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Full text of "War-time financial problems"

THE  ECONOMIC  PROBLEM           41

* Thus the problem which a statesman who had
thought out the economics of war beforehand would
have recognised as the keystone of his policy, would
have been that of diverting the activities of the
country from providing itself with comforts and
amusements to turning out goods required for war,
and of doing so with the least possible friction, the
least possible alteration in the economic equilibrium
of the country, and, above all, with the least possible
cost to the national finances. We arrive at the true
aspect of this problem more easily if we leave out
the question of money altogether and think of it
in units of energy. When a nation goes to war it
means to say that it has to apply so many units of
energy to the business of fighting, and to provide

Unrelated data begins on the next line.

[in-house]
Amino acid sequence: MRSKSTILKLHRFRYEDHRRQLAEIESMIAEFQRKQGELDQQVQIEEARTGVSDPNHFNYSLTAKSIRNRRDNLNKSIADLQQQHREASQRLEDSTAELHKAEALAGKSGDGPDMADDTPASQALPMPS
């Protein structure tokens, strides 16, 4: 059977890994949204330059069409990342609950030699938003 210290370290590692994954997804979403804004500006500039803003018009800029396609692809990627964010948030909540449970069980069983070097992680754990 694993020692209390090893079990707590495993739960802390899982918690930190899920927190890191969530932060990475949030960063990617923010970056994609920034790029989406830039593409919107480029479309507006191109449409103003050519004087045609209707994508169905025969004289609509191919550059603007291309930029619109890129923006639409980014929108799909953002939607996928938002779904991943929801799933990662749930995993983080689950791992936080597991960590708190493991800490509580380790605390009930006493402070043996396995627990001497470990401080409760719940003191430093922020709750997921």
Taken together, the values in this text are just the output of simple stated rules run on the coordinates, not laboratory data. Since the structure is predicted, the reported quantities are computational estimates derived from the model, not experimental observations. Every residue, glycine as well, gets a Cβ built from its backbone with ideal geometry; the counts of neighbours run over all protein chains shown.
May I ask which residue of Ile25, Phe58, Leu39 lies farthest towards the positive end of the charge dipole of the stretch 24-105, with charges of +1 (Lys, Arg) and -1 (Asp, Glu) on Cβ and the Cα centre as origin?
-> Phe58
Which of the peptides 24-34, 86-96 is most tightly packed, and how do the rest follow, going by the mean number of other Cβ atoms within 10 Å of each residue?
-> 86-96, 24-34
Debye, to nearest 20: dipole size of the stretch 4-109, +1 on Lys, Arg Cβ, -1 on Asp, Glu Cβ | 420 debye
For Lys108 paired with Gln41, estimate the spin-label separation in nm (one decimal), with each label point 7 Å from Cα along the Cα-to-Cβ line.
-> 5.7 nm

the fighters with all that they need. If at the
beginning of the war its utmost capacity of output
was, to mention merely a fanciful figure, a thousand
million units of energy, and if it was clear that the
fighting forces of the country would need for their
proper maintenance five hundred million units of
energy, then it is clear that the nation's ordinary
consumption of goods and services would have to be
reduced to the extent of five hundred millions of units
of energy, which would have to be applied to the
war, that is, assuming that its possible output
remained the same.

In other words, the spending power of the
citizens of the country had to be reduced so that the
industrial energy that used to go into meeting their
wants might be made available for the purposes of
the fighting forces. Now what was the straightestv